Last week I was turning around on Highway 441 in Milledgeville, Georgia when I realized that I was in Flannery O'Connor's driveway. Talk about serendipity! O'Connor grew up in Georgia, but left to get her MFA in Iowa and to write at the Yaddo artist colony. When she was 26, she came down with lupus, the same disease that killed her father a decade earlier, and moved to her family's farm in Milledgeville. The Andalusia farm is where her famous short story collections Everything That Rises Must Converge and A Good Man Is Hard to Find were written.
The bottom window was Flannery's. Can't you just imagine her peeking through the curtains? Flannery was her middle name and in Milledgeville she known as Mary O'Connor. Her bedroom was just off the foyer where the parlor would usually be, and her mother lived here also, until Flannery's death in 1964. Everything in the house (including the braces that she wore) is original, except for a few things that she gave to Georgia College, like her books and her typewriter.
I learned a new word while I was at Andalusia : peafowl. There are still peacocks and peahens running around the farm today, although I only heard them. You can get this photo on a postcard at the gift shop (as well as pithy bumper stickers that quote O'Connor).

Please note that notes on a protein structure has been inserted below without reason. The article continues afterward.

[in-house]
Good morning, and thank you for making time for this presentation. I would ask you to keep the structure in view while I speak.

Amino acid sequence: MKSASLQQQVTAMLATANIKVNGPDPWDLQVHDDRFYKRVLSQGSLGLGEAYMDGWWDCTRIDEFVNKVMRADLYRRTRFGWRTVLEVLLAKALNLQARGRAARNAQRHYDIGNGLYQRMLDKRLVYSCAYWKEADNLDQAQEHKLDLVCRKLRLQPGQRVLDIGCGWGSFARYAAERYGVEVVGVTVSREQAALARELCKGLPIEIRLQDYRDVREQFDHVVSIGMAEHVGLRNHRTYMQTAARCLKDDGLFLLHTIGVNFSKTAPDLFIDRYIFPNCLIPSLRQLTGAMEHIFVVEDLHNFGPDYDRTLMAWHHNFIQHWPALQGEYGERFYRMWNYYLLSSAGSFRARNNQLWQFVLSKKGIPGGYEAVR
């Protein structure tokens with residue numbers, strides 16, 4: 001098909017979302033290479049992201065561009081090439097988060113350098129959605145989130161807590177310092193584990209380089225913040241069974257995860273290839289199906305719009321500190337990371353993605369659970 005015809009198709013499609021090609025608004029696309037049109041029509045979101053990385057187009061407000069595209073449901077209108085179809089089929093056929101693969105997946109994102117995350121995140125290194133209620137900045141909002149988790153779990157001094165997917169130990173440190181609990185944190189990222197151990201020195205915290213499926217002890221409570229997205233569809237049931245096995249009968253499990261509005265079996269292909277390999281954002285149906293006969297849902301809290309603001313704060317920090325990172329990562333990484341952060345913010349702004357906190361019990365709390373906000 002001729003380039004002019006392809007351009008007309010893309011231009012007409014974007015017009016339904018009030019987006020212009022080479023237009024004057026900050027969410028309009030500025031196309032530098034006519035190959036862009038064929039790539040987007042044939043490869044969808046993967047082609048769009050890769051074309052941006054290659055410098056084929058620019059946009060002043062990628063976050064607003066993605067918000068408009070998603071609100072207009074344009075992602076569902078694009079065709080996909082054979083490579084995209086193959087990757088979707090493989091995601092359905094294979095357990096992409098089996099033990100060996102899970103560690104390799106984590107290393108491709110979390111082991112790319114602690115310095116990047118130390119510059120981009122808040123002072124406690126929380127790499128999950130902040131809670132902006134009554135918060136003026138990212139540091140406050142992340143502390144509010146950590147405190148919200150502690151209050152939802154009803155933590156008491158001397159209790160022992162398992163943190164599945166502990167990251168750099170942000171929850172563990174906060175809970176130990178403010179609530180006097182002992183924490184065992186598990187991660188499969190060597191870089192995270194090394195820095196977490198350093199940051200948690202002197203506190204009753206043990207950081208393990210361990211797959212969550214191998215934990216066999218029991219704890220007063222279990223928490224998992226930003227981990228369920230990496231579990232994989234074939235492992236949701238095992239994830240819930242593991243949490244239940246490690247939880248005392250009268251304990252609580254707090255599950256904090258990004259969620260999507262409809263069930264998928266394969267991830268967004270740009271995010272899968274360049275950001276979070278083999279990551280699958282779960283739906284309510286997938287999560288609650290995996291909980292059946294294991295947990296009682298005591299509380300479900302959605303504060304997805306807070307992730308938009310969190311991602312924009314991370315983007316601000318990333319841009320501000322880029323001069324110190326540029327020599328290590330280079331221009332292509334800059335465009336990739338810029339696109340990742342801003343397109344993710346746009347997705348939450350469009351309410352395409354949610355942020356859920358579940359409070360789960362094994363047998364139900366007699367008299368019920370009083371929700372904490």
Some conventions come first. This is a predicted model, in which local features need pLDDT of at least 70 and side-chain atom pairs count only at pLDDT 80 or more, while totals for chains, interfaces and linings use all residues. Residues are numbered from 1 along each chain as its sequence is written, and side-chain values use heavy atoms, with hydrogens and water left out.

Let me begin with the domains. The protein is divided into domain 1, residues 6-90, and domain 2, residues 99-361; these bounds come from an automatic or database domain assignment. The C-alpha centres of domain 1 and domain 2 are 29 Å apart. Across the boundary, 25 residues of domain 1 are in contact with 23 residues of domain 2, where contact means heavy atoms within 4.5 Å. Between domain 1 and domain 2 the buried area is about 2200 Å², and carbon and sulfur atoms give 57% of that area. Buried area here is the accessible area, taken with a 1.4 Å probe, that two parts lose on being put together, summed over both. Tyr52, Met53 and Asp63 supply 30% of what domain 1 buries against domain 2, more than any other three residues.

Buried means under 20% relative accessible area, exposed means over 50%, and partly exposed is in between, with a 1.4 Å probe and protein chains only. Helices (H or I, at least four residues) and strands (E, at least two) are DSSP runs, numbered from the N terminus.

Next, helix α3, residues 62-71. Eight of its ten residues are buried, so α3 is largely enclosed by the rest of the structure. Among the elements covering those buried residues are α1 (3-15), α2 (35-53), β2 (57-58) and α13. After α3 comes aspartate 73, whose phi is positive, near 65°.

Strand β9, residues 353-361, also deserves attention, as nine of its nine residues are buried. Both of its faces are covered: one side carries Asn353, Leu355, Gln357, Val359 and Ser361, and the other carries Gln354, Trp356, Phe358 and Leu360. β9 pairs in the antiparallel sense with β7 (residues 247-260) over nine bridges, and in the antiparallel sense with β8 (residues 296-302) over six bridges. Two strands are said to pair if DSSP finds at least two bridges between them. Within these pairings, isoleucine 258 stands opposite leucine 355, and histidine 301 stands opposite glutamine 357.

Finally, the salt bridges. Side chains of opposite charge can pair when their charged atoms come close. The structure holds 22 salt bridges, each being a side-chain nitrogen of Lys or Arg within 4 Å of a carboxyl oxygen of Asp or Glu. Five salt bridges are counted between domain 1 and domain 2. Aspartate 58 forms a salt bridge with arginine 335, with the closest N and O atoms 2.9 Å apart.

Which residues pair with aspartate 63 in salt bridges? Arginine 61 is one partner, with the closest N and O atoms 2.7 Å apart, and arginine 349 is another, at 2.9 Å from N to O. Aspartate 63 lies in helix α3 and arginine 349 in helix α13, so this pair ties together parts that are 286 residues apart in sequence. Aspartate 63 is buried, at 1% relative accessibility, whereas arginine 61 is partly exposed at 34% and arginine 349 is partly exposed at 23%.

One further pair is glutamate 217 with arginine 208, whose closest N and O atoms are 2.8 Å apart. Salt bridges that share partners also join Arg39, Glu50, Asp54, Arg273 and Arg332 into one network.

Lawrence Downes wrote about visiting Andalusia and the Milledgeville area in his New York Times travel article "In Search of Flannery O'Connor". This is my favorite part:
I found a road that led down to the edge of a kaolin mine. Standing beside huge mounds of white chalky dirt, surrounded by deep treads left in the red clay by earth-moving machinery, I watched as a sentence from one of my favorite stories, “A Temple of the Holy Ghost,” slowly unfolded, as if for me alone:
“The sun was a huge red ball like an elevated Host drenched in blood and when it sank out of sight, it left a line in the sky like a red clay road hanging over the trees.”